HAPPY 100TH, DAD
My Dad would be a hundred years old now if he were still alive, and oddly, having acquired such antiquity, he suddenly seems much closer than he has done for the past few decades, when I didn’t know what to do with the fact that my father was not here, and that no amount of missing him would ever bring him back. Weirdly, that has turned out not to be true. Becoming 100 has brought him to life again. Not in a Michael Jackson ghoul fashion, but as George Barker, the poet who time forgot.
As his daughter, I love him and miss him, and 20-odd years on from when I last saw him, I vividly remember his ridiculous puns, his love of life, and his enthusiasm for fast cars, camp wrestling on TV, and mending things with copper wire and chewing gum. These parts of him have to stay in my memory for ever, but other elements do not; they have new platforms now.
A huge new audience
I found myself laughing so much the other day that I had to stop the car. I listened to my Dad winding up his audience as he read from his poem “The News of The World.” Somewhere in my research for his centenary, I had come across a British Library recording of him reading his poetry, and so, surprisingly, and suddenly, his voice was back in my life and we are in the car together once again, just as we always were.
[Below is the transcription of the recording (above) of George Barker reading “News of the World I,” followed by “News of the World II” (part only), “News of the World III” (part only) and “Consolatory Verses for the Middle Years ” (very short excerpt). Recorded live by the British Library at the National Poetry Centre, London, January 20, 1983.]
This poem is called “News of the World.” Jesus Christ.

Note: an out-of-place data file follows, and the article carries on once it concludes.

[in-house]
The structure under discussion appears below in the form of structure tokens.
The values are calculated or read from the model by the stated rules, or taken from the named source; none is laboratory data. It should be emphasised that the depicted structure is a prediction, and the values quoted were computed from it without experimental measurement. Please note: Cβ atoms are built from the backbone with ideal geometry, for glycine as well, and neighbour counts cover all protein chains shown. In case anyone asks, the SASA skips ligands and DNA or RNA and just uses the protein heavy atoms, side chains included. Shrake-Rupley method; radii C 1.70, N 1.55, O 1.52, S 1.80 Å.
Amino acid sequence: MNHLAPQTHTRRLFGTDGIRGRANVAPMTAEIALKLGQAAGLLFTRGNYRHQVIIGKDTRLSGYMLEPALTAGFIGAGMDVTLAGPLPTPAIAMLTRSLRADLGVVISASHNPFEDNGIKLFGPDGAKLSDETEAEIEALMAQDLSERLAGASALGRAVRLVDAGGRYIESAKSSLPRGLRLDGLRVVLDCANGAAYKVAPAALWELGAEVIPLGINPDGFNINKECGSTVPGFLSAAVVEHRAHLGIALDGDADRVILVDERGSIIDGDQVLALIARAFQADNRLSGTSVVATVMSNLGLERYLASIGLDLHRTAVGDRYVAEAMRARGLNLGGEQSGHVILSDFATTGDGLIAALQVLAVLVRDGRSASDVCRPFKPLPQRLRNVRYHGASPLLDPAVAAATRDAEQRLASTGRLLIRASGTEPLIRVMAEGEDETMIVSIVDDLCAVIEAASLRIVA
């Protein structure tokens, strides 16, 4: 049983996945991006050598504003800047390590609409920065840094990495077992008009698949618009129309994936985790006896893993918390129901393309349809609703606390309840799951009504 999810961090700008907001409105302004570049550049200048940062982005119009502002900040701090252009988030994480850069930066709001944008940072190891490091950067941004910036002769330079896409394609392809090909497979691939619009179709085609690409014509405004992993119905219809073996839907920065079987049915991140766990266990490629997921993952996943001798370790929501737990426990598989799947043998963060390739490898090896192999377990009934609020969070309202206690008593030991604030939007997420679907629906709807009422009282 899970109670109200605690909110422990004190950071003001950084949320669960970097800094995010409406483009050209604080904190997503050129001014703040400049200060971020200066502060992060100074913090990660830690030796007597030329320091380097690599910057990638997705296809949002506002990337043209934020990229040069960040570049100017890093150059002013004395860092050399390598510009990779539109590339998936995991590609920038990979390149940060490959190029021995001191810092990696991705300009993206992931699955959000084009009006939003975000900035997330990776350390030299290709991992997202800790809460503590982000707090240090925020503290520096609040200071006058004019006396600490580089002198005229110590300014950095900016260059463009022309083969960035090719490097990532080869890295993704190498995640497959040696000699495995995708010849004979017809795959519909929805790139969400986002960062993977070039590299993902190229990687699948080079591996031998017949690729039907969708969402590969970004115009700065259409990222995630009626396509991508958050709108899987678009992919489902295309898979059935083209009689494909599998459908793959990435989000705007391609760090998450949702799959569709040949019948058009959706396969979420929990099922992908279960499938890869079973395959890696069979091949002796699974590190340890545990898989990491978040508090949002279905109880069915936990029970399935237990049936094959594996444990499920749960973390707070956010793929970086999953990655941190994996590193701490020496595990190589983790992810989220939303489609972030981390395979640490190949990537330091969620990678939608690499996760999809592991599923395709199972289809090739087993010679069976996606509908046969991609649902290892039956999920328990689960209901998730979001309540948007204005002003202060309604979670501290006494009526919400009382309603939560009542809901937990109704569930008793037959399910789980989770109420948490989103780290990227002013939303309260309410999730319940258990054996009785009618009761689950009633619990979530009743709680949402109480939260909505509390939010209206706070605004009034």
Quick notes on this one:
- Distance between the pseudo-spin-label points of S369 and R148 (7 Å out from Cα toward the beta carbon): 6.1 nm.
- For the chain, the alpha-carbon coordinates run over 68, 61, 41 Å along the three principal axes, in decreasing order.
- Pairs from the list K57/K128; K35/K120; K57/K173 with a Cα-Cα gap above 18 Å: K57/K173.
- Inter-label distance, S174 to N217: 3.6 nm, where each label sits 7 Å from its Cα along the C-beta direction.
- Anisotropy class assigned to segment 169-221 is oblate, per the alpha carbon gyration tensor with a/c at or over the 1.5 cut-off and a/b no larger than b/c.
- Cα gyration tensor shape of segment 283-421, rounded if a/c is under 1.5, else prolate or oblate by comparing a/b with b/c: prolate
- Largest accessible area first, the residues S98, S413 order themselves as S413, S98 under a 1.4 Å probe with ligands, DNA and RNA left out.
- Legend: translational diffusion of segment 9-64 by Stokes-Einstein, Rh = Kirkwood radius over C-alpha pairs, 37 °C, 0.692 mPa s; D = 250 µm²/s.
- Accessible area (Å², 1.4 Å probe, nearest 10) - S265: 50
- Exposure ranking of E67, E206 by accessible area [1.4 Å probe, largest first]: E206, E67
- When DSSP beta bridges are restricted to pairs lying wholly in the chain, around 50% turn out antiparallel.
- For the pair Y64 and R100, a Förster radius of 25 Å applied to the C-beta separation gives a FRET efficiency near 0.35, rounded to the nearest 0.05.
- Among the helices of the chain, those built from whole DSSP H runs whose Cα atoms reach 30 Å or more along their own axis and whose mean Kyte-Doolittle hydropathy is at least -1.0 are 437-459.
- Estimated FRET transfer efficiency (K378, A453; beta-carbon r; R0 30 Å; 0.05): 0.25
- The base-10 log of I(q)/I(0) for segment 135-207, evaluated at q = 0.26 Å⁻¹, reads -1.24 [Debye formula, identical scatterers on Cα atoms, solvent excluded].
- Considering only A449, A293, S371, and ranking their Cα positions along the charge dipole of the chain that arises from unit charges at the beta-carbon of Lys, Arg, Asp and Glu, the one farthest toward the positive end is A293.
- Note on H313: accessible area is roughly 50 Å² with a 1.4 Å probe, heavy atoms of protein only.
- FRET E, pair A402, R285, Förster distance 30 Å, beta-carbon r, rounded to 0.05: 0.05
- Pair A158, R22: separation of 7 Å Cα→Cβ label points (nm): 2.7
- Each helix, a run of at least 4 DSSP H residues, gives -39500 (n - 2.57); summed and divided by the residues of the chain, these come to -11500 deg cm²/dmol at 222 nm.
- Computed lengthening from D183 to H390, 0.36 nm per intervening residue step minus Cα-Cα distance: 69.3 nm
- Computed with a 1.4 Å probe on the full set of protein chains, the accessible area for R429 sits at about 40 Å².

Cold, shuttered, loveless star,
Skulker in clouds,
Streetwalker of a sky,
Where can you hide?
No one will take you in.
Happy the morning lights up other worlds.
Bears from sleep
They turn a family of faces
To the house-proud son.
Outraged, you outcast, leading your one-eyed sister to the light
From door to door down the locked zodiac.
Never come home.
If you want utter pretentiosity you can’t get better than that.
“News of the World II”
In the first year of the lost disgrace
Peace turning her face away,
What kind of shit is this? Well, let’s try again.
Let her lie naked here.
It’s called “News of the World III.”
The whole thing is absurd. I sometimes wonder—
Christ! Goddamn poetry. You know what Byron said? “I’d rather be a kitten and cry mew than one of these same ballad-mongers.” [Byron was quoting Shakespeare: Hotspur speaking in Act III, scene 1 of Henry IV Part 1.] There you have it!
“Consolatory Verses for my dear Gavin before the Middle Years.”
Rose I this morning
For the first day of spring and saw was gone
The poor white litter of the bare—
I loathe this thing, don’t you? It’s absolutely ghastly.
Then there are poems, previously unpublished, that emerge on people’s blogs, and there are pictures, anecdotes, essays and stories. In the last months, I have learned more about my father and those whose lives he touched or collided with than I had done in all the years since he died. And I can share it.
Considering that the internet was in its infancy when he died, it is ironic now that George Barker is reaching a huge new audience through Facebook. We, his family, are happy to have a new place to remember him. He may be 100, but he has a big presence, and we want to make it bigger. A new phase for George Barker will be our birthday present to him.
Find George Barker reading his poems here.